Veils of dust wrapped around distant stars could make it difficult for scientists to find potentially habitable planets in those star systems. The Hunt for Observable Signatures of Terrestrial Systems, or HOSTS, survey was tasked with learning more about the effect of dust on the search for new worlds. The goal is to help guide the design of future planet-hunting missions. In a new paper published in the Astrophysical Journal, HOSTS scientists report on the survey's initial findings.
Using the Large Binocular Telescope Interferometer, or LBTI, on Mount Graham in Arizona, the HOSTS survey determines the brightness of warm dust floating in the orbital planes of other stars (called exozodiacal dust). In particular, HOSTS has studied dust in nearby stars' habitable zones, where liquid water could exist on the surface of a planet. The LBTI is five to 10 times more sensitive than the previous telescope capable of detecting exozodiacal dust, the Keck Interferometer Nuller.
Among the findings detailed in the new paper, the HOSTS scientists report that a majority of Sun-like stars in their survey do not possess high levels of dust -- good news for future efforts to study potentially-habitable planets around those stars. A final report on the full HOSTS survey results is expected early next year.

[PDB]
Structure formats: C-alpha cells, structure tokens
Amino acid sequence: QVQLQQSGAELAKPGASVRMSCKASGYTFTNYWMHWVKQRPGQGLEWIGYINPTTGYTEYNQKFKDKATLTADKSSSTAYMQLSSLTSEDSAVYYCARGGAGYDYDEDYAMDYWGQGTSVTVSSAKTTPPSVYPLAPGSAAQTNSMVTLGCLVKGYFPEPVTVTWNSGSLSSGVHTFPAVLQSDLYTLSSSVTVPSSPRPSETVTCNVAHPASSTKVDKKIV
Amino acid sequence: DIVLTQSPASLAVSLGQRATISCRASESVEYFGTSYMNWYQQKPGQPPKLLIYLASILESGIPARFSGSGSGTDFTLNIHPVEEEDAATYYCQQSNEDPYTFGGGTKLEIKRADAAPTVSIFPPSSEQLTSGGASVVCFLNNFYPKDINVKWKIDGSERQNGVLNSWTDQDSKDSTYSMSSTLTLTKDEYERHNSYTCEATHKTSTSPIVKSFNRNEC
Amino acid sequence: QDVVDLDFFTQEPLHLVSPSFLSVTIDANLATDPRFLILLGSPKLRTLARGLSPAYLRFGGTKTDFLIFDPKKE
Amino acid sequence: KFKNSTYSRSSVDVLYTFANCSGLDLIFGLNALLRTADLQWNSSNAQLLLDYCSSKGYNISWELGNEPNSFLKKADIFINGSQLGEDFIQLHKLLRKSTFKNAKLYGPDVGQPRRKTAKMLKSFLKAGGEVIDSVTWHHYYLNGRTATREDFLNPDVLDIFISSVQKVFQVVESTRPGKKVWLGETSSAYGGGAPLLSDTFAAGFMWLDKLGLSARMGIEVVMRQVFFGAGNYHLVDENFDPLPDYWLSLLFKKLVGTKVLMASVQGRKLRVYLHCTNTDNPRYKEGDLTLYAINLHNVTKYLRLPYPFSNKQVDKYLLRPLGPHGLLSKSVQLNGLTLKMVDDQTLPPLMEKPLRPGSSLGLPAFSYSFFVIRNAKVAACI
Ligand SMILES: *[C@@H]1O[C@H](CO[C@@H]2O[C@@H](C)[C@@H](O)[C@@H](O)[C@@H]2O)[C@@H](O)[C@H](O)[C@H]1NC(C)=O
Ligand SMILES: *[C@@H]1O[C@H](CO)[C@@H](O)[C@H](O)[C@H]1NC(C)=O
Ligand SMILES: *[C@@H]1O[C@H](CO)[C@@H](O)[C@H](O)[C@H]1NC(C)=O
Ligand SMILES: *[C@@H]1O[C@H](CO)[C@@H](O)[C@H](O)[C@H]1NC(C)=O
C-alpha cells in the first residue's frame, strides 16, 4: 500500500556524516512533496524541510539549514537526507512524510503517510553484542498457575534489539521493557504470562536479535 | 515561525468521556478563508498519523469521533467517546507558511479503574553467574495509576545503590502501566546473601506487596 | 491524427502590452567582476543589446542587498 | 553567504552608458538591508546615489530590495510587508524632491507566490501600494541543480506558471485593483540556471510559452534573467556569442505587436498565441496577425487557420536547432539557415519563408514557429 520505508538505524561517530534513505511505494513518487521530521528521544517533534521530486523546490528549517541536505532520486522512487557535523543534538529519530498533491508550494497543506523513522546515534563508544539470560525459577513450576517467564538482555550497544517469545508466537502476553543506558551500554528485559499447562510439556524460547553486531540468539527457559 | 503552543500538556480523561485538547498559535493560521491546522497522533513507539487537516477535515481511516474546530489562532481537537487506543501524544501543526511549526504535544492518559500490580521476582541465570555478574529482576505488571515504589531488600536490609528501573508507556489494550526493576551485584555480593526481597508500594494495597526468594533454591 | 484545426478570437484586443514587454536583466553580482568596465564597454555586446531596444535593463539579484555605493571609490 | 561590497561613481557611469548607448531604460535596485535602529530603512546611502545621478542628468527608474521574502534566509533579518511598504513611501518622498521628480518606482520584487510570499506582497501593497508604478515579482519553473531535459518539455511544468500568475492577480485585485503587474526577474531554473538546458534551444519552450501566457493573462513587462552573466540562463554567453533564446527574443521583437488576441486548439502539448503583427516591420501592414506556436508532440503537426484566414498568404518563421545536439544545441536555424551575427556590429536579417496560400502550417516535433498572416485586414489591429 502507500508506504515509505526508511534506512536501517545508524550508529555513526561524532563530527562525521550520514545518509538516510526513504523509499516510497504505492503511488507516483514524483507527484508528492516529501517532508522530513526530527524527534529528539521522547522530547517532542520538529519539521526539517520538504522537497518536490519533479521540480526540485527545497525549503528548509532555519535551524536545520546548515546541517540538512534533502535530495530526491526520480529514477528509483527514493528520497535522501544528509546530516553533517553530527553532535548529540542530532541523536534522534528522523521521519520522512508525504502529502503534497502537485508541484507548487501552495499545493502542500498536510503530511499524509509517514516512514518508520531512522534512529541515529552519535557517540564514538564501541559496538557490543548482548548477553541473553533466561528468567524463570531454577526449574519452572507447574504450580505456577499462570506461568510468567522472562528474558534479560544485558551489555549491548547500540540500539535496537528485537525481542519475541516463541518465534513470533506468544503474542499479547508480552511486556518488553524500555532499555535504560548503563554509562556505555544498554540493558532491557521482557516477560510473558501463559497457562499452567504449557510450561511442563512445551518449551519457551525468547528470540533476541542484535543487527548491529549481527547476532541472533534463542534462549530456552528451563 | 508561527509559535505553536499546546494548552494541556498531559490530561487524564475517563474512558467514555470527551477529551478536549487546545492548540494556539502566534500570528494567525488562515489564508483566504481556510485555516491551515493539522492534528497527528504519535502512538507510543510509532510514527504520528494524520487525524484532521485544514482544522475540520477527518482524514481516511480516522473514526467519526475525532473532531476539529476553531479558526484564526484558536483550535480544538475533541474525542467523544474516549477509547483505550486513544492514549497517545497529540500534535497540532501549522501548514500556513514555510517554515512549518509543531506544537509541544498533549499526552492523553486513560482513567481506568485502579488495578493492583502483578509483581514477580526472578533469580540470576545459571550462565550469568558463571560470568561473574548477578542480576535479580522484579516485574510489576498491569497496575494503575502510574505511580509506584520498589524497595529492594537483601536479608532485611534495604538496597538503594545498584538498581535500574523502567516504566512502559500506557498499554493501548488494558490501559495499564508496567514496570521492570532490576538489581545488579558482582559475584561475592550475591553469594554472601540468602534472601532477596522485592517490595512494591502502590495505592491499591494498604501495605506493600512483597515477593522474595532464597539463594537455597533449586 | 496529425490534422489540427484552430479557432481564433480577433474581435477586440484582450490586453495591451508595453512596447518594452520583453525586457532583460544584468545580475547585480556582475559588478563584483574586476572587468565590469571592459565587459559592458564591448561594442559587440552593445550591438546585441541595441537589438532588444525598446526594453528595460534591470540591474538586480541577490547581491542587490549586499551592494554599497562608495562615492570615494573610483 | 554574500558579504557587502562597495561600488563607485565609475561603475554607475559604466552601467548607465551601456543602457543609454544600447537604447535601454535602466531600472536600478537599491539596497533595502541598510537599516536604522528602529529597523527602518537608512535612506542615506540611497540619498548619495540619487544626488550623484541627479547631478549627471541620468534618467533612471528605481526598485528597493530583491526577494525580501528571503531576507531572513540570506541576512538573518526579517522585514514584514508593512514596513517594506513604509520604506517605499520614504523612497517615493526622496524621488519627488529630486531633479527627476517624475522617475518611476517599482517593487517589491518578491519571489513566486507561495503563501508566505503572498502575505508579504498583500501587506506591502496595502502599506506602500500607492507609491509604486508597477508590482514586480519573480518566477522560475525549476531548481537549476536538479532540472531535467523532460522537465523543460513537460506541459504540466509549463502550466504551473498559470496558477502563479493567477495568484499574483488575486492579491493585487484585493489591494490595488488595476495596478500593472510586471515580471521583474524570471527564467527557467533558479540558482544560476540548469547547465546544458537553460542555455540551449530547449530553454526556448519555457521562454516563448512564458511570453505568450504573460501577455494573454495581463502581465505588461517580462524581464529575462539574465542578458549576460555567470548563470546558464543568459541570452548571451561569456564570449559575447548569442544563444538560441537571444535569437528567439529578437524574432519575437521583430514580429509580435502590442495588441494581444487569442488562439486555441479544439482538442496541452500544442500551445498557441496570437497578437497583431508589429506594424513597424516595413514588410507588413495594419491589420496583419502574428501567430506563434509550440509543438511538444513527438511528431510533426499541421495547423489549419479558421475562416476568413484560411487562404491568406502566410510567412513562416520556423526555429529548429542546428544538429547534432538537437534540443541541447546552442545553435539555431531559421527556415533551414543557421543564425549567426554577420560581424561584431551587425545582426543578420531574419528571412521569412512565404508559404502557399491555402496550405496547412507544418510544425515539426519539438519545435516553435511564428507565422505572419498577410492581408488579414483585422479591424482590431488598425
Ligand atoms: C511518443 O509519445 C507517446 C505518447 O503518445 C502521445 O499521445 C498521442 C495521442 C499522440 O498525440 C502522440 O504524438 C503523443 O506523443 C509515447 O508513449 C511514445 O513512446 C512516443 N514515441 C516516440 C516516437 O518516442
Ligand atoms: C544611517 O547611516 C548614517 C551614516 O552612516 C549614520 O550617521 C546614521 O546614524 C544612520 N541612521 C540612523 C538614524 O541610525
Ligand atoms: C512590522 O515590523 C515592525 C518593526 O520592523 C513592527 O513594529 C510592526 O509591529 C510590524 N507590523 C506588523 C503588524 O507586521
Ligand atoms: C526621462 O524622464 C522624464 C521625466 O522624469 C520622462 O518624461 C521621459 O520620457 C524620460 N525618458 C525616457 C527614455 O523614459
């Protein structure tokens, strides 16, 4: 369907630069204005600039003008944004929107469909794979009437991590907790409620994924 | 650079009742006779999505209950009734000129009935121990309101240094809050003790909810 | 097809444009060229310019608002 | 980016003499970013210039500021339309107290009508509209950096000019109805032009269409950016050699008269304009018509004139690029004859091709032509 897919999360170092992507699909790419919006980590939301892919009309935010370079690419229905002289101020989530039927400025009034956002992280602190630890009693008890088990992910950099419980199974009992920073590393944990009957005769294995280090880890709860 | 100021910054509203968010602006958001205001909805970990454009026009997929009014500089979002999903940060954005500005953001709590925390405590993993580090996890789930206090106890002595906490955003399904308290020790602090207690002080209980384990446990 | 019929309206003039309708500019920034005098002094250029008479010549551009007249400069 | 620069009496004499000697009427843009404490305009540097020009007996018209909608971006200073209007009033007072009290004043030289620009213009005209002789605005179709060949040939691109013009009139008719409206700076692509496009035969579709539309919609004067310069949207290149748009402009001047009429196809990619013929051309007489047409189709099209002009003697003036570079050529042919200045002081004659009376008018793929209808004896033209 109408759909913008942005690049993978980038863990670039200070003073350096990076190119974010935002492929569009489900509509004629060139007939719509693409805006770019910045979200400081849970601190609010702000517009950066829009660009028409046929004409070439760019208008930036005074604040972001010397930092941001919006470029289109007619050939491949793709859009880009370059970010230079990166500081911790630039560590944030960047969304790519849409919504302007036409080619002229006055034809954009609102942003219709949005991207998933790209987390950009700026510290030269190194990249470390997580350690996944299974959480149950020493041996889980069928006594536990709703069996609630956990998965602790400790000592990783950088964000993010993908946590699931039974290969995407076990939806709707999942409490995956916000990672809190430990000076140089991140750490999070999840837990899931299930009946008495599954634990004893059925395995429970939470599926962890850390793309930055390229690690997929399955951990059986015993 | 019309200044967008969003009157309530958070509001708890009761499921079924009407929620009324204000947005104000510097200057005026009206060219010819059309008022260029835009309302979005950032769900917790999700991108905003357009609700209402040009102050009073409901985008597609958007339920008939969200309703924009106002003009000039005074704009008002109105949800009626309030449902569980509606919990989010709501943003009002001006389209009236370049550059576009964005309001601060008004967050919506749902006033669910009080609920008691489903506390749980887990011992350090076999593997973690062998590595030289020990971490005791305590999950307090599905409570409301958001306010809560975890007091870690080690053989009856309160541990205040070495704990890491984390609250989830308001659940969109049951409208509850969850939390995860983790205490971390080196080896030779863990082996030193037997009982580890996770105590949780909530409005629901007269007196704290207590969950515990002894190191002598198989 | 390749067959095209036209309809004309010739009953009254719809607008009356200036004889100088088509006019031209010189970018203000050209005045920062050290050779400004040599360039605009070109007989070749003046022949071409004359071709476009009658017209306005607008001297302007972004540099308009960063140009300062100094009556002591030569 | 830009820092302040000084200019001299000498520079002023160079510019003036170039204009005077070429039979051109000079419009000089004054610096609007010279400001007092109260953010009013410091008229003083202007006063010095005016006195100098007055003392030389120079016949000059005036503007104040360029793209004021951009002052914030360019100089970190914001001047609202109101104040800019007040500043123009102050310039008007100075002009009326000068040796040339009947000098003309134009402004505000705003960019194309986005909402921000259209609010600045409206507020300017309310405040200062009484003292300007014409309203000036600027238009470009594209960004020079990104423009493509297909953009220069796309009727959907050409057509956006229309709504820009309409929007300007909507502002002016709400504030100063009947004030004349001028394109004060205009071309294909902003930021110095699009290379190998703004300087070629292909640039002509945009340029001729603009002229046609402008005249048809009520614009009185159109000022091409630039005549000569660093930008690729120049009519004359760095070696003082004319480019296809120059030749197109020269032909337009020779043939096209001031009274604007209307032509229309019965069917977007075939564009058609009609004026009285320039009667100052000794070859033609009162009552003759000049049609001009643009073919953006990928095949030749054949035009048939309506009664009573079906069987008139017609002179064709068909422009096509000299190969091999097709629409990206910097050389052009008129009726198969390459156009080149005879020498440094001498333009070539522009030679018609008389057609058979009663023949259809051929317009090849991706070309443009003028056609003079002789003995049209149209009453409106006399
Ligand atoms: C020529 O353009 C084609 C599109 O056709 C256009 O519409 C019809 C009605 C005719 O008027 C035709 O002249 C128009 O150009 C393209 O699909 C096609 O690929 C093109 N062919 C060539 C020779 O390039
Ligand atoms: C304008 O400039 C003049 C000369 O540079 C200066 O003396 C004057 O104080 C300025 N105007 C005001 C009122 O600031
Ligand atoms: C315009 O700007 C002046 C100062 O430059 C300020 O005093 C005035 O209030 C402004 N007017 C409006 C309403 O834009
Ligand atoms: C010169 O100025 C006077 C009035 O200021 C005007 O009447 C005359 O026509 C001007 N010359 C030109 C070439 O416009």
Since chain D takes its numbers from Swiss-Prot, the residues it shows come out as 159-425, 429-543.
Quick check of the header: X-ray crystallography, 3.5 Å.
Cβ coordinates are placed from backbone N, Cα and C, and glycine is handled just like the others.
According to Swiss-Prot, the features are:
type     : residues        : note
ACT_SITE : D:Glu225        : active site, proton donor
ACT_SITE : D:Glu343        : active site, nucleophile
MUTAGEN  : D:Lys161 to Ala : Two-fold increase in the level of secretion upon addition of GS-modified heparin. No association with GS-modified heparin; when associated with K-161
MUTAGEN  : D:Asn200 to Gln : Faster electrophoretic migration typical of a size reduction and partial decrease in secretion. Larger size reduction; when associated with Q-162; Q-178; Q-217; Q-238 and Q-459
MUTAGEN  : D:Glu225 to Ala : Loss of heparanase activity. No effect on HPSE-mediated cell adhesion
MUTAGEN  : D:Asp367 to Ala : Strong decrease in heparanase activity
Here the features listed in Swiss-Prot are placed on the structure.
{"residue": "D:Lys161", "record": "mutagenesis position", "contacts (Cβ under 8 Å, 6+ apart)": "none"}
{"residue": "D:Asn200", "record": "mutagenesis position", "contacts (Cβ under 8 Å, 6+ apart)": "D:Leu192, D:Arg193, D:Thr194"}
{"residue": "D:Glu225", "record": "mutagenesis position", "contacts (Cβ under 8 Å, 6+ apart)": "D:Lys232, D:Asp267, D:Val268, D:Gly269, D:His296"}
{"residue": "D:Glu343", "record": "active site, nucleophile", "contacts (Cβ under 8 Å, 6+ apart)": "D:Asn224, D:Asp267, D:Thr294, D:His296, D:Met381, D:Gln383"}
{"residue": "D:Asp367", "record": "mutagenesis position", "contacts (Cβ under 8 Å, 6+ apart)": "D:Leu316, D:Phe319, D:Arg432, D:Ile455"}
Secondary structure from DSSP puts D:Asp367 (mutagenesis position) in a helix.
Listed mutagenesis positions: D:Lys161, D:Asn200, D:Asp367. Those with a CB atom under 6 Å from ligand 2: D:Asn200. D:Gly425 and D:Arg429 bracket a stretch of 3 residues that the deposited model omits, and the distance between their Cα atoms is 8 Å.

More information about the new findings from HOSTS and the search for Earthlike planets beyond our solar system is available in this news release from the University of Arizona.
The LBTI is funded by NASA's Exoplanet Exploration Program office and managed by the agency's Jet Propulsion Laboratory in Pasadena, California. JPL is a division of Caltech, also in Pasadena. Six JPL scientists co-authored the new research paper. The LBTI is an international collaboration among institutions in the U.S., Italy and Germany, and it is managed and headquartered at the University of Arizona in Tucson.
NASA is taking a multifaceted approach to finding and studying planets outside our solar system. On April 18, NASA launched its newest planet-hunting observatory, the Transiting Exoplanet Survey Satellite (TESS), which is expected to find thousands of new exoplanets, mostly around stars smaller than our Sun.